My desire is to open a path to this district, that civilization, commerce, and Christianity might find their way there. I consider that we made a great mistake, when we carried commerce into India, in being ashamed of our Christianity; as a matter of common sense and good policy, it is always best to appear in one’s true character. In travelling through Africa, I might have imitated certain Portuguese, and have passed for a chief; but I never attempted anything of the sort, although endeavouring always to keep to the lessons of cleanliness rigidly instilled by my mother long ago; the consequence was that the natives respected me for that quality, though remaining dirty themselves.
I had a pass from the Portuguese consul, and on arriving at their settlement, I was asked what I was. I said, “A missionary, and a doctor too.” They asked, “Are you a doctor of medicine?” “Yes … . .. Are you not a doctor of mathematics too?” – “No … . .. And yet you can take longitudes and latitudes.” – Then they asked me about my moustache; and I simply said I wore it, because men had moustaches to wear, and ladies had not. They could not understand either, why a sacerdote should have a wife and four children; a joke took place upon that subject. I used to say, “Is it not better to have children with than without a wife?” Englishmen of education always command respect, without any adventitious aid. A Portuguese governor left for Angola, giving out that he was going to keep a large establishment, and taking with him quantities of crockery, and about five hundred waistcoats; but when he arrived in Africa, he made a ‘deal’ of them. Educated Englishmen seldom descend to that sort of thing.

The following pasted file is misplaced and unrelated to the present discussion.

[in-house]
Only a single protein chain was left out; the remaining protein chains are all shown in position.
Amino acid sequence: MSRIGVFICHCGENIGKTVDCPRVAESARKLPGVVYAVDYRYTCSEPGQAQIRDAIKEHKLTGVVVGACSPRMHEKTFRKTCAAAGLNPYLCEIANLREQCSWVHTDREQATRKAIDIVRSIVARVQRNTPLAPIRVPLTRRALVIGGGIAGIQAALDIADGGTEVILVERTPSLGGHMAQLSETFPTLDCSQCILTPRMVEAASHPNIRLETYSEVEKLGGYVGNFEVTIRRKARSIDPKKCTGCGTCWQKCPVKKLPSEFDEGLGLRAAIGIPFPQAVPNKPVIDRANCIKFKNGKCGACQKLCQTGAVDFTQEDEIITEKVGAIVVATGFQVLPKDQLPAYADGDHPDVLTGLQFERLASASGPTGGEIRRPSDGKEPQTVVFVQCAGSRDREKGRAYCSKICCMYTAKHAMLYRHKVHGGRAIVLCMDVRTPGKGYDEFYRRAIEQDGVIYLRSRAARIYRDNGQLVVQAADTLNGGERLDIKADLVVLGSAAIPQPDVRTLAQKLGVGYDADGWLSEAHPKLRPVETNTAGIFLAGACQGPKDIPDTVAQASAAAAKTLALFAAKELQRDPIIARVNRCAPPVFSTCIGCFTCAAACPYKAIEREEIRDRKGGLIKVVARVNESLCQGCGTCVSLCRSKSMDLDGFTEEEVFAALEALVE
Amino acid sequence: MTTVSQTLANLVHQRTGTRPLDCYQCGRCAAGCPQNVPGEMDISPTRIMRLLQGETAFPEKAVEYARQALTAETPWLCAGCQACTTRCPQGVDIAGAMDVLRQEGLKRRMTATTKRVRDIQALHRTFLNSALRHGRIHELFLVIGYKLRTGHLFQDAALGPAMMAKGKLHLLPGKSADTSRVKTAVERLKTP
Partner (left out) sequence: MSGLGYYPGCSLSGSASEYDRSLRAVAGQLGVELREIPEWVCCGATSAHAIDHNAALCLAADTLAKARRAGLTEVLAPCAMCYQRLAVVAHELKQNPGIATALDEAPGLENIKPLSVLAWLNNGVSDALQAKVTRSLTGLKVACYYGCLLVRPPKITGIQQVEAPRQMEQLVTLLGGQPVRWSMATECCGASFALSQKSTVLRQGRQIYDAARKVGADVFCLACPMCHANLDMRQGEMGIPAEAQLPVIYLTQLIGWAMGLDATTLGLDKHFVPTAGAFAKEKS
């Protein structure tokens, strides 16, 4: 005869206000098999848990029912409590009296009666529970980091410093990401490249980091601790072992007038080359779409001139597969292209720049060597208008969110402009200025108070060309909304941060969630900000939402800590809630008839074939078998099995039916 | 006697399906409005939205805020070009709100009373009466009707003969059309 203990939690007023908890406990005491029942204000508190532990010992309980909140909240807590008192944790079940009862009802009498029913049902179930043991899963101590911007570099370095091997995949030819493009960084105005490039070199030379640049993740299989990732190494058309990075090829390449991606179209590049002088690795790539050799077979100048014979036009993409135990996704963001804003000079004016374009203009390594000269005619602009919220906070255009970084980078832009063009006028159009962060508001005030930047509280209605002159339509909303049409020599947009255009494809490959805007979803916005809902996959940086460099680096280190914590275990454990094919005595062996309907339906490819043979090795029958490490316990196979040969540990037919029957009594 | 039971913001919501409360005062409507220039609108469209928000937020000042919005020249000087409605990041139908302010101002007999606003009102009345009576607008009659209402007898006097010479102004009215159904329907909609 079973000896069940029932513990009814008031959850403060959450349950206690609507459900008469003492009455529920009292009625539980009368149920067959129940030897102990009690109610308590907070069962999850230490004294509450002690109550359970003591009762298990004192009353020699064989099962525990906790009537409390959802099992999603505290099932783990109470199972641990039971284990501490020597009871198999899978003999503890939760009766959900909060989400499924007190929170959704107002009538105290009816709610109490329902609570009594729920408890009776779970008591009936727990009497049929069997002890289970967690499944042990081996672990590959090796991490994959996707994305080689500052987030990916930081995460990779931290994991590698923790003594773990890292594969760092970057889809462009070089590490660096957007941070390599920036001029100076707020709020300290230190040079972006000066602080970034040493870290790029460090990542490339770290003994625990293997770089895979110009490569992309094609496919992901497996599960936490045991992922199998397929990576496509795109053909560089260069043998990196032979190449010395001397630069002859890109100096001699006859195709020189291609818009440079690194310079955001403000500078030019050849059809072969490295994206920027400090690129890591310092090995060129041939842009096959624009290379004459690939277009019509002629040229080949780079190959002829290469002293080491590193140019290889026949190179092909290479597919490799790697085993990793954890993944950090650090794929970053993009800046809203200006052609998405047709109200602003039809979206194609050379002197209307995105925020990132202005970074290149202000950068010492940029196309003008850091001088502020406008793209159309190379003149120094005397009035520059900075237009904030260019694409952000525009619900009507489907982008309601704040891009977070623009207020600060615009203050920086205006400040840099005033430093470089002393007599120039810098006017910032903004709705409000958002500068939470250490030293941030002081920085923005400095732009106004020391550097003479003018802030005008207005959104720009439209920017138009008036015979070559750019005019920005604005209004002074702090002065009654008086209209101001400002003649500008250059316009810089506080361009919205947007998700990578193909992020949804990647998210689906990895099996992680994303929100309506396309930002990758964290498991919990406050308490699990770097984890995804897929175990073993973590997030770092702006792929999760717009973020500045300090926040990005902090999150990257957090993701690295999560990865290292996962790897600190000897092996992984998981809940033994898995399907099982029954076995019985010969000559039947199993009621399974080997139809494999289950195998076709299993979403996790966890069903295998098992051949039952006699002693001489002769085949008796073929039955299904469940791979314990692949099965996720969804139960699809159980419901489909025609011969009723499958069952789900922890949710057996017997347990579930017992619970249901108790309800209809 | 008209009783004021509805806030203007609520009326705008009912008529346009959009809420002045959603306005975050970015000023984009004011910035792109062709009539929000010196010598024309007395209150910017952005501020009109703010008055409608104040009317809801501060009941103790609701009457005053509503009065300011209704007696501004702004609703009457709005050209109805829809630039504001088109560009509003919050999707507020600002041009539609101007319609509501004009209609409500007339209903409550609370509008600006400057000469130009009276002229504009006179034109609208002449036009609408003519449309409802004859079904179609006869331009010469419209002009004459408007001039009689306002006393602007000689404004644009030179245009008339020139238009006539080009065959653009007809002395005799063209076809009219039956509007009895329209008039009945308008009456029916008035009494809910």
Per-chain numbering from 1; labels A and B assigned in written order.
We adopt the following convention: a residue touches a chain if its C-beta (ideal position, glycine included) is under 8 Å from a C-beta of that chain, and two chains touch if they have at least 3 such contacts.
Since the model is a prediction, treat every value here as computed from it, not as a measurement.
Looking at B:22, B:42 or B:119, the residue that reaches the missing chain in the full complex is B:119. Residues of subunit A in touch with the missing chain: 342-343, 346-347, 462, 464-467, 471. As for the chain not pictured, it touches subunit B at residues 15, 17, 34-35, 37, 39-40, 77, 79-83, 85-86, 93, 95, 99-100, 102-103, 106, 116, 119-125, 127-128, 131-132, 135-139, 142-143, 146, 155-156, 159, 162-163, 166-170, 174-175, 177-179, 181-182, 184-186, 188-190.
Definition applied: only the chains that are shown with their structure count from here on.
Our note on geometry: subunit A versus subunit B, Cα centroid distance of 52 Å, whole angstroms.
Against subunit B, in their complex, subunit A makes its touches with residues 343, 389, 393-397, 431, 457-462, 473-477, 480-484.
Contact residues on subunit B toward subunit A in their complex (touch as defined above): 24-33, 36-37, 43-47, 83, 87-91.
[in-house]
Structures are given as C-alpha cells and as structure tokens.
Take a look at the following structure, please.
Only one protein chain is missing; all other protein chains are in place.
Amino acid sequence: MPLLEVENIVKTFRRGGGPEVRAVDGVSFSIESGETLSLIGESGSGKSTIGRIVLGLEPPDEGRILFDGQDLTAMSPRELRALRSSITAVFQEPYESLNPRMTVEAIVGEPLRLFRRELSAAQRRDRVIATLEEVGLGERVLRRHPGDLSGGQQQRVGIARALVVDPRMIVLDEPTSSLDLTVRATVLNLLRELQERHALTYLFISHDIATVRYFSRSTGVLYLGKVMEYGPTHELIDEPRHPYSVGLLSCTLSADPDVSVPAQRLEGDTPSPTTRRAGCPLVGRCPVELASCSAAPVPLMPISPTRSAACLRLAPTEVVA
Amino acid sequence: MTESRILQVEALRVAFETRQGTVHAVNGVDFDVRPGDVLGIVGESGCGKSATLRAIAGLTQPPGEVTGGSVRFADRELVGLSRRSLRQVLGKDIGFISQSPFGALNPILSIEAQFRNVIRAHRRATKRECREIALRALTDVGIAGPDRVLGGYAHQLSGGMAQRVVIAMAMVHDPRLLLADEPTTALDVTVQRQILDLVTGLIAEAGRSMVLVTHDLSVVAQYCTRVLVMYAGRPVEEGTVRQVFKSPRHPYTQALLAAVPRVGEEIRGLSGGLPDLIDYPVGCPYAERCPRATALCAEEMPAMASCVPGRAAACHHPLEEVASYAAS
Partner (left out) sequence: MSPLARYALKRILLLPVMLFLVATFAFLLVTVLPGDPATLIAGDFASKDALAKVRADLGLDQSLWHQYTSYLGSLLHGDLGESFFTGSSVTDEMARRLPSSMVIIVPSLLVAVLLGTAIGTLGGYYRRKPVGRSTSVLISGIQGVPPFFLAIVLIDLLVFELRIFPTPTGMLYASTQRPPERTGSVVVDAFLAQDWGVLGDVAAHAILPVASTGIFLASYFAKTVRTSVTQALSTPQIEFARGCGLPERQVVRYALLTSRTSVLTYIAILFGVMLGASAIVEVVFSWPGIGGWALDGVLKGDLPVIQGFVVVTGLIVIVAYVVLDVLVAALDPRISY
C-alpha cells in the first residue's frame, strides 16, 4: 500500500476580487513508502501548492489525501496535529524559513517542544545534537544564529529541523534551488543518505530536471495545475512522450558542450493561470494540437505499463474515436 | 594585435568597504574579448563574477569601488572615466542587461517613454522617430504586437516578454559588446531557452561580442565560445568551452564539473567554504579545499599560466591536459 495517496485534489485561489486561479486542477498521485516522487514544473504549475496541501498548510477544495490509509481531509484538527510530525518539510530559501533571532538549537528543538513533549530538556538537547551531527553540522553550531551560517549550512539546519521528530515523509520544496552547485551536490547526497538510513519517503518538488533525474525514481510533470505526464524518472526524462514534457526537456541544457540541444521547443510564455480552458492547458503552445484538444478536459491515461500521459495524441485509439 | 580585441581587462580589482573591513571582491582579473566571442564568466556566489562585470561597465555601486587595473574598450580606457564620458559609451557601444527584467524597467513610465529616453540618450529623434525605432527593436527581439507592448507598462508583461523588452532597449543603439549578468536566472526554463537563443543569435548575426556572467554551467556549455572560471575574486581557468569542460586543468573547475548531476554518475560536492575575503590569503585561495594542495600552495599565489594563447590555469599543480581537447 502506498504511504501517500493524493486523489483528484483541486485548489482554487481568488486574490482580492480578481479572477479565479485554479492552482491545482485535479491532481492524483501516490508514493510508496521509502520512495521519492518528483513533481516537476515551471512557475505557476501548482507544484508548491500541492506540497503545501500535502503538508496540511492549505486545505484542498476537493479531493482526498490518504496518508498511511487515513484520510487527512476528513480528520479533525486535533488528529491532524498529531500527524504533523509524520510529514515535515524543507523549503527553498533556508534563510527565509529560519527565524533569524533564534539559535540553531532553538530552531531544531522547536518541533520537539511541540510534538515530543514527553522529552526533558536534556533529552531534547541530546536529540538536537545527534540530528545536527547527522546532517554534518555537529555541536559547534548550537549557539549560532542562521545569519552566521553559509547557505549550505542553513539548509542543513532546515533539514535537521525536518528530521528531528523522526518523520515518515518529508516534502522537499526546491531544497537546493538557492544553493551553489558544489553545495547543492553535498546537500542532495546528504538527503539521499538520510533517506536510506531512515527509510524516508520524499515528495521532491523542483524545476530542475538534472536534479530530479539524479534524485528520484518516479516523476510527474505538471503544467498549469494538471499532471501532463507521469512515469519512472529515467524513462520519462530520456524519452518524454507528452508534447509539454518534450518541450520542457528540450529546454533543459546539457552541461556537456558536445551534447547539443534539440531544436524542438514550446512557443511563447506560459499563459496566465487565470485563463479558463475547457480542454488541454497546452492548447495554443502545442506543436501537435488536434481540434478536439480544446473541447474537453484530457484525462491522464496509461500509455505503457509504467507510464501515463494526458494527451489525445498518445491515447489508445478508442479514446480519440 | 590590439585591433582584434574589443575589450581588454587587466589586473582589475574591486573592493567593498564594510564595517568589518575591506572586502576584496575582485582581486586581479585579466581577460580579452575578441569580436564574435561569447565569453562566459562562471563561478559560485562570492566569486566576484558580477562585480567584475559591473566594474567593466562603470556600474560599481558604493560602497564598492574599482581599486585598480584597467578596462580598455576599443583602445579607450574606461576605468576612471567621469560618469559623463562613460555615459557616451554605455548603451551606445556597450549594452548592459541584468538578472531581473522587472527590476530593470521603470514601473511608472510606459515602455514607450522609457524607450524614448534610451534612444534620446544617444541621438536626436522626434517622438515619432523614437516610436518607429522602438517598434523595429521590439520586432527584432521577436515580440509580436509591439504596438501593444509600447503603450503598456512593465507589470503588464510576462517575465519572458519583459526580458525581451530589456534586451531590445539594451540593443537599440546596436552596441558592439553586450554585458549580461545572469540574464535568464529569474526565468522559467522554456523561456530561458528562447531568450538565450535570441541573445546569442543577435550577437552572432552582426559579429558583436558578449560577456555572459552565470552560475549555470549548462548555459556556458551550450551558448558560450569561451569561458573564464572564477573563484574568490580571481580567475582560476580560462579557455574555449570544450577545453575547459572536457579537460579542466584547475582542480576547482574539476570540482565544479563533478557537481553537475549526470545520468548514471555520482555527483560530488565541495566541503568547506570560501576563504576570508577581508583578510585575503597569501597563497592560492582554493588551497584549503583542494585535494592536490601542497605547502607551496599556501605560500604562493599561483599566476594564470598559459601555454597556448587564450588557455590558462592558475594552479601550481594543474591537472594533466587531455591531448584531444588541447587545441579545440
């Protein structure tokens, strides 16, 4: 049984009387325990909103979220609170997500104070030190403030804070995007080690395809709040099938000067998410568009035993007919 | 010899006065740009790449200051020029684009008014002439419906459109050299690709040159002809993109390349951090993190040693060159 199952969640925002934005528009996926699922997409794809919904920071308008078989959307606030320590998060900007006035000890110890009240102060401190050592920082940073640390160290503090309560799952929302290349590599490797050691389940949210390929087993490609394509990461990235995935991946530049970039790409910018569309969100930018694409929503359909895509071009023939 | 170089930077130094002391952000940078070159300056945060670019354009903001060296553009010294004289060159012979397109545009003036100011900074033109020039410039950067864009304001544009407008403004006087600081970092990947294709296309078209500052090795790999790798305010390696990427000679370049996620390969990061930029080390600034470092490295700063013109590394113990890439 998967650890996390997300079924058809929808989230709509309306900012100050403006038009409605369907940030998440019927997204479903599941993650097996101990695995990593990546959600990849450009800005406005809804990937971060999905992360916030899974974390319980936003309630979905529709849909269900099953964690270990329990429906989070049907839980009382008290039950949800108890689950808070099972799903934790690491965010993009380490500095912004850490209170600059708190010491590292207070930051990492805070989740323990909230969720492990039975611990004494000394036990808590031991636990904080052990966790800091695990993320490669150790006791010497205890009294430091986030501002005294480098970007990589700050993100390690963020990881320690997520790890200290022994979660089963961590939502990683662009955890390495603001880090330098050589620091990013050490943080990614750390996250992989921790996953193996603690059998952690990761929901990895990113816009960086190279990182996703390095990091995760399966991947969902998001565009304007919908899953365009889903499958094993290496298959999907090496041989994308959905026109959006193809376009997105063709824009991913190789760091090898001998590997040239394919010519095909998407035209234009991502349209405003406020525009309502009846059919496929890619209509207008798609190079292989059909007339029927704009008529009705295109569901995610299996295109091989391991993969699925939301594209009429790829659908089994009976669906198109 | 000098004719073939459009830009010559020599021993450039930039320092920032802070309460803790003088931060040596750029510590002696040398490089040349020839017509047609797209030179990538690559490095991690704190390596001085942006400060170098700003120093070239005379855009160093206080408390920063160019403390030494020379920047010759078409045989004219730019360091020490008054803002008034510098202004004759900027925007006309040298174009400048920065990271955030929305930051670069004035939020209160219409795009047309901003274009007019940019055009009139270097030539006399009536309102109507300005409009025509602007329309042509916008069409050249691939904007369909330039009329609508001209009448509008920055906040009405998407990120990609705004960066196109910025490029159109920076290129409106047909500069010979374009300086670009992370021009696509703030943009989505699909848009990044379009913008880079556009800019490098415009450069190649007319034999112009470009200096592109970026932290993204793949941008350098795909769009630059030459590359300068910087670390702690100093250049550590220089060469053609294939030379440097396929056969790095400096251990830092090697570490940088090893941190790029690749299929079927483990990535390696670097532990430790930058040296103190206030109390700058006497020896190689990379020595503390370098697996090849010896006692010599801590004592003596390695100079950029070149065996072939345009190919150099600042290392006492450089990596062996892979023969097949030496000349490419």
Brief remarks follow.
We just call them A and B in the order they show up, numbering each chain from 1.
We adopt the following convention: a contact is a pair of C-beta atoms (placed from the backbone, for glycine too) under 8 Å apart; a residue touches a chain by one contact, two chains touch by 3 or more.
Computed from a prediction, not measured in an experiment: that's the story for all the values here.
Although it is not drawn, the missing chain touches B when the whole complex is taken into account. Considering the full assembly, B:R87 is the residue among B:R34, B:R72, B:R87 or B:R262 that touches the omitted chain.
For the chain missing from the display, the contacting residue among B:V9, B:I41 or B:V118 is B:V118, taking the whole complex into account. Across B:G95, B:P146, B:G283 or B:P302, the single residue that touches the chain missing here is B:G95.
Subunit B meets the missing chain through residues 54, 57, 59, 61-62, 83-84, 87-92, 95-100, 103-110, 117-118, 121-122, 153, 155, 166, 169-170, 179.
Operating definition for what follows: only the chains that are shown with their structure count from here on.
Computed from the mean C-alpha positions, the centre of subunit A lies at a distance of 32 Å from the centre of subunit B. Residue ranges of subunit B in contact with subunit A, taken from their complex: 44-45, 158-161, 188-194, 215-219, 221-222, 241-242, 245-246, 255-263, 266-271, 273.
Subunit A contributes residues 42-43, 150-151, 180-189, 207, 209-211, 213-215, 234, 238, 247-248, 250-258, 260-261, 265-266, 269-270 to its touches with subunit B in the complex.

A prospect is now before us of opening Africa for commerce and the Gospel. Providence has been preparing the way, for even before I proceeded to the Central basin it had been conquered and rendered safe by a chief named Sebituane, and the language of the Bechuanas made the fashionable tongue, and that was one of the languages into which Mr Moffat had translated the Scriptures. Sebituane also discovered Lake Ngami some time previous to my explorations in that part. In going back to that country my object is to open up traffic along the banks of the Zambezi, and also to preach the Gospel. The natives of Central Africa are very desirous of trading, but their only traffic is at present in slaves, of which the poorer people have an unmitigated horror: it is therefore most desirable to encourage the former principle, and thus open a way for the consumption of free productions, and the introduction of Christianity and commerce. By encouraging the native propensity for trade, the advantages that might be derived in a commercial point of view are incalculable; nor should we lose sight of the inestimable blessings it is in our power to bestow upon the unenlightened African, by giving him the light of Christianity. Those two pioneers of civilization – Christianity and commerce – should ever be inseparable; and Englishmen should be warned by the fruits of neglecting that principle as exemplified in the result of the management of Indian affairs. By trading with Africa, also, we should at length be independent of slave-labour, and thus discountenance practices so obnoxious to every Englishman.